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The Human Element

A June 26th article in Scientific American titled “The Political Brain” suggests that all people in all fields of endeavor, when making decisions, should emulate the scientific method.

The scientific method, as it appears it would have to apply to non-scientific endeavors, simply means that before making a decision on things like which business policies to adopt, which side of a social or political issue to support or even which candidate for office to choose, only facts should be considered; emotions or preconceived notions should be ignored and, most importantly, all personal biases should be removed from the decision making process.

Making a well informed, unbiased, unemotional decision appears to be the perfect way to make a decision but is this possible . . . or even desirable?

The article describes a scientific test that took place before the 2004 Presidential elections:

“During the run-up to the 2004 presidential election, while undergoing an fMRI bran scan, 30 men–half self-described as “strong” Republicans and half as “strong” Democrats–were tasked with assessing statements by both George W. Bush and John Kerry in which the candidates clearly contradicted themselves. Not surprisingly, in their assessments Republican subjects were as critical of Kerry as Democratic subjects were of Bush, yet both let their own candidate off the hook.”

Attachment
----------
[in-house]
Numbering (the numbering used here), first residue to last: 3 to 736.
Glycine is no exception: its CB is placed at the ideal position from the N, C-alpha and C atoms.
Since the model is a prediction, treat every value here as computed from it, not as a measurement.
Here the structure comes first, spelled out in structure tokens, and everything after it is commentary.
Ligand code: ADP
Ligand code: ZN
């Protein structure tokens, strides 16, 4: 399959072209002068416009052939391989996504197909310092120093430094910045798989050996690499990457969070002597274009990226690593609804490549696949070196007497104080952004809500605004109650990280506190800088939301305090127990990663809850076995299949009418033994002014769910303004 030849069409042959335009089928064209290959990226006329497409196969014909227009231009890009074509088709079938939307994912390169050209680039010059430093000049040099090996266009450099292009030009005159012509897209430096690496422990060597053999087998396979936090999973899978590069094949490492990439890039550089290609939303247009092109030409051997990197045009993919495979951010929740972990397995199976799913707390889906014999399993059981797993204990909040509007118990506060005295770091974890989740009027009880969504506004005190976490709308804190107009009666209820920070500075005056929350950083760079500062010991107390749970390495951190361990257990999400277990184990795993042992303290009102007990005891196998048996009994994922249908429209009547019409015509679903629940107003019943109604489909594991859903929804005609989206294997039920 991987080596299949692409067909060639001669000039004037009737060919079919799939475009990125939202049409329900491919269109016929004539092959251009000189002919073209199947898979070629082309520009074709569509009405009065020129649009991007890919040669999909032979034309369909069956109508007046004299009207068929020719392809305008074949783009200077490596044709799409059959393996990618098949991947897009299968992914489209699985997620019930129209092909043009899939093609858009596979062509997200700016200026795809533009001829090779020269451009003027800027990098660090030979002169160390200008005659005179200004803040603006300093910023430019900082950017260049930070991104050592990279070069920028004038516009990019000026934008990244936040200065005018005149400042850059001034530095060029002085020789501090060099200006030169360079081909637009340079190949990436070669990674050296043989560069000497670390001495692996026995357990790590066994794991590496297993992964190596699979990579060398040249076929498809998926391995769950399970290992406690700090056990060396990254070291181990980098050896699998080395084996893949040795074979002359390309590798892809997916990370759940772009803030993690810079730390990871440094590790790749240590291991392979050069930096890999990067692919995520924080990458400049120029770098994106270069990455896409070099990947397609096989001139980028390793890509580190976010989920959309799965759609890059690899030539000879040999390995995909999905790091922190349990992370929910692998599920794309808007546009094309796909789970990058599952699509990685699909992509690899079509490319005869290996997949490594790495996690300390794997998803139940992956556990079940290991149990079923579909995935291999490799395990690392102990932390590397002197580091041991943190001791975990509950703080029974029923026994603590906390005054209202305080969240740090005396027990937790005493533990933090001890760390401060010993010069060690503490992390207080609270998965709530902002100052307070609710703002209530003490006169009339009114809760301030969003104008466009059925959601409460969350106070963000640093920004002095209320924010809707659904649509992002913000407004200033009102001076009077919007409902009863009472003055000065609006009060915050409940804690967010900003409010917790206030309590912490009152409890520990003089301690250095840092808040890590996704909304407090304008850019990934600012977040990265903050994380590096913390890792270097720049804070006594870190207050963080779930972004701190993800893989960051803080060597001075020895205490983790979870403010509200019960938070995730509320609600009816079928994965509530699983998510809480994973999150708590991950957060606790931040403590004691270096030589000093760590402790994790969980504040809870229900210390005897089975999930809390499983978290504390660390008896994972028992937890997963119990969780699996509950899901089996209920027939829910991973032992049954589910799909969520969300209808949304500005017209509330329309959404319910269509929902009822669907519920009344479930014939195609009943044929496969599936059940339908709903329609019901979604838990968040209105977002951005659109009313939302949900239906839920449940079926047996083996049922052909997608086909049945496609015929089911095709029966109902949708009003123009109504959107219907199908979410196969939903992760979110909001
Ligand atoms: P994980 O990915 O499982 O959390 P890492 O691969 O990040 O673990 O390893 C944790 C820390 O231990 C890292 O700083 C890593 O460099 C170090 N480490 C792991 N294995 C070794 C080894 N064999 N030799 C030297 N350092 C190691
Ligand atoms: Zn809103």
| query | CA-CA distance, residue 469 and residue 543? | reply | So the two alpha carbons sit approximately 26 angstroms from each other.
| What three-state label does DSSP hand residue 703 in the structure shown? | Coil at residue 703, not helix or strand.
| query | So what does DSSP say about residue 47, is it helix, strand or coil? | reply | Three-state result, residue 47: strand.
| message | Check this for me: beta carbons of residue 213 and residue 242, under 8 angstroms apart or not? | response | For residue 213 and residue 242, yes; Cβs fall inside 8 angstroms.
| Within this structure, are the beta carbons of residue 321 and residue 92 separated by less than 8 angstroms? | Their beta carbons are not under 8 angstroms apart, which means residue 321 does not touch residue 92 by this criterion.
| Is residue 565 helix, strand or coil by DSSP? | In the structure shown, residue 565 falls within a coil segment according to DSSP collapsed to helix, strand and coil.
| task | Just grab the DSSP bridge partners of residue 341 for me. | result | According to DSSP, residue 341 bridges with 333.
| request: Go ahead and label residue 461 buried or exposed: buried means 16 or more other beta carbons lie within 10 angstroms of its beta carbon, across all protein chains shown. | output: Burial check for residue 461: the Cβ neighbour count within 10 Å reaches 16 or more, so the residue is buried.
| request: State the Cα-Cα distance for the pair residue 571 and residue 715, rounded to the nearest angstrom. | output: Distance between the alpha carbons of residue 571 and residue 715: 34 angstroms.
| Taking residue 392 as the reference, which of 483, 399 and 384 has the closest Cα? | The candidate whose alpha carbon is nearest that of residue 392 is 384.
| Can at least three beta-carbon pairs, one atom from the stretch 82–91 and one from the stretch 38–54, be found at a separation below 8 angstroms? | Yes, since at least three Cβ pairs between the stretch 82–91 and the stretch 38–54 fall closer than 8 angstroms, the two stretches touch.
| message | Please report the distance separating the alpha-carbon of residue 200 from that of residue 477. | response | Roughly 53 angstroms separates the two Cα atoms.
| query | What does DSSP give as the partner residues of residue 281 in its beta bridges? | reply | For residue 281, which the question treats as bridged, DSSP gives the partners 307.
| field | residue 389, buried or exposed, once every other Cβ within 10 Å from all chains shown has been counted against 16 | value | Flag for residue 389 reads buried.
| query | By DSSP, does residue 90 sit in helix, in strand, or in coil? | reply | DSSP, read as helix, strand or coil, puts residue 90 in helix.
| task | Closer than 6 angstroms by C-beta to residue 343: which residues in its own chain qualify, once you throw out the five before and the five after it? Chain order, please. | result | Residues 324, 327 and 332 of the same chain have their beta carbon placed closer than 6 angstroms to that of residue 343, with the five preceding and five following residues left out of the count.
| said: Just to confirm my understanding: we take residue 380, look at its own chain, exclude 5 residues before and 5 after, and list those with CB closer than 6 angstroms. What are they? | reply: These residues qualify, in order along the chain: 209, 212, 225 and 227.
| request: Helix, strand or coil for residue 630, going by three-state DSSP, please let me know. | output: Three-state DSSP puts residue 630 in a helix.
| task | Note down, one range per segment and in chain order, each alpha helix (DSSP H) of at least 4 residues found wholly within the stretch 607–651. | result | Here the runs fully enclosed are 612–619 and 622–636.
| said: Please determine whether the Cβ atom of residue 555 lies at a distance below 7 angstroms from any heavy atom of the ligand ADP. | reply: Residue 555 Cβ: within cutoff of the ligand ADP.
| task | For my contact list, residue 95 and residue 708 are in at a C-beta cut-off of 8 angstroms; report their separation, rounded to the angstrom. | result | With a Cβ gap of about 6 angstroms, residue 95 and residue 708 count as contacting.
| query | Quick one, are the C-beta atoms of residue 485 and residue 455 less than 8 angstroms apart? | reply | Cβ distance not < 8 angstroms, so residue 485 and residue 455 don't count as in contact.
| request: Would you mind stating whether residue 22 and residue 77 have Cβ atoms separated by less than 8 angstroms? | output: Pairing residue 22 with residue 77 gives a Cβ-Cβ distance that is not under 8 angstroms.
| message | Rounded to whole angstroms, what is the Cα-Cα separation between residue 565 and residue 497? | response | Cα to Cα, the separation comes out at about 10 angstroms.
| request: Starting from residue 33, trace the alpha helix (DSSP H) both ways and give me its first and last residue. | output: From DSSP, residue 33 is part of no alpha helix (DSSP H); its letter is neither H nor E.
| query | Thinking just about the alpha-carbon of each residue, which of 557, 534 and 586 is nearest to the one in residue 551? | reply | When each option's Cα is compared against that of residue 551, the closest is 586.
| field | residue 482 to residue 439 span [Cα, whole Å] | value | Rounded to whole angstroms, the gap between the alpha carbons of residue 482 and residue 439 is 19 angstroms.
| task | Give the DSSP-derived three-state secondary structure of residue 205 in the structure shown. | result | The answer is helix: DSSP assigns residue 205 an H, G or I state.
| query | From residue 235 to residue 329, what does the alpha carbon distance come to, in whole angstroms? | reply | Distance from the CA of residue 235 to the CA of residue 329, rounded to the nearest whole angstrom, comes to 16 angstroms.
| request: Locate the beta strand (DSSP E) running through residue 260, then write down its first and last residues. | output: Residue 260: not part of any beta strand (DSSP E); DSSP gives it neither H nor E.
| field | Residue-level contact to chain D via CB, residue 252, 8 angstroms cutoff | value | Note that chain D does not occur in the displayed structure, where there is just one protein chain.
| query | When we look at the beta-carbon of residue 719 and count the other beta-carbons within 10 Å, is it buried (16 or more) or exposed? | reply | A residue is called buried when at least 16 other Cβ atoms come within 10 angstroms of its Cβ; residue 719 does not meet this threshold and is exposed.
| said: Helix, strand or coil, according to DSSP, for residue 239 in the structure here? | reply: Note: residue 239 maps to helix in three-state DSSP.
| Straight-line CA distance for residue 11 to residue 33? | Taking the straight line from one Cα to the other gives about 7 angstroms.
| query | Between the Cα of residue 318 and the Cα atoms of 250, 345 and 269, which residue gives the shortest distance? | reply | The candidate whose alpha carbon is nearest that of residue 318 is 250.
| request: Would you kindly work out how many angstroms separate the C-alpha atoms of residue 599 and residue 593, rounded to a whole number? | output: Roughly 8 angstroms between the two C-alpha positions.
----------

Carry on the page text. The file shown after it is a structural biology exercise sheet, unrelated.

Why did the Republicans find justification for Bush’s self-contradictions and the Democrats for Kerry’s? Its because of how the brain works when it runs into a decision. In less scientific terms than the original article used: the brain scan results showed that the part of the brain that is most associated with analyzing information was not even used but the parts of the brain that fuel the emotions, resolve conflicts and make moral decisions were very active.

The bottom line is: most decisions are made based on emotion and existing beliefs — not on facts. The article’s author calls this “confirmation bias” and describes it as our ability to “. . . seek and find confirmatory evidence in support of already existing beliefs and ignore or reinterpret disconfirmatory evidence.”

Call me crazy but . . .

. . . I have this Pollyanna side of me that realizes that it may be an irrational hope, but I none-the-less maintain a hope that someday all of us human animals will evolve. Evolve into “ideal humans” who consistantly make rational, well-informed, unbiased decisions while, at the same time, applying societal rules and norms (what religious types would call morals) to the equation.

Why apply societal rules and norms to perfect logic and reason? Because science is cold, hard and unemotional and, in the human arena, we call that ‘sociopathic.’

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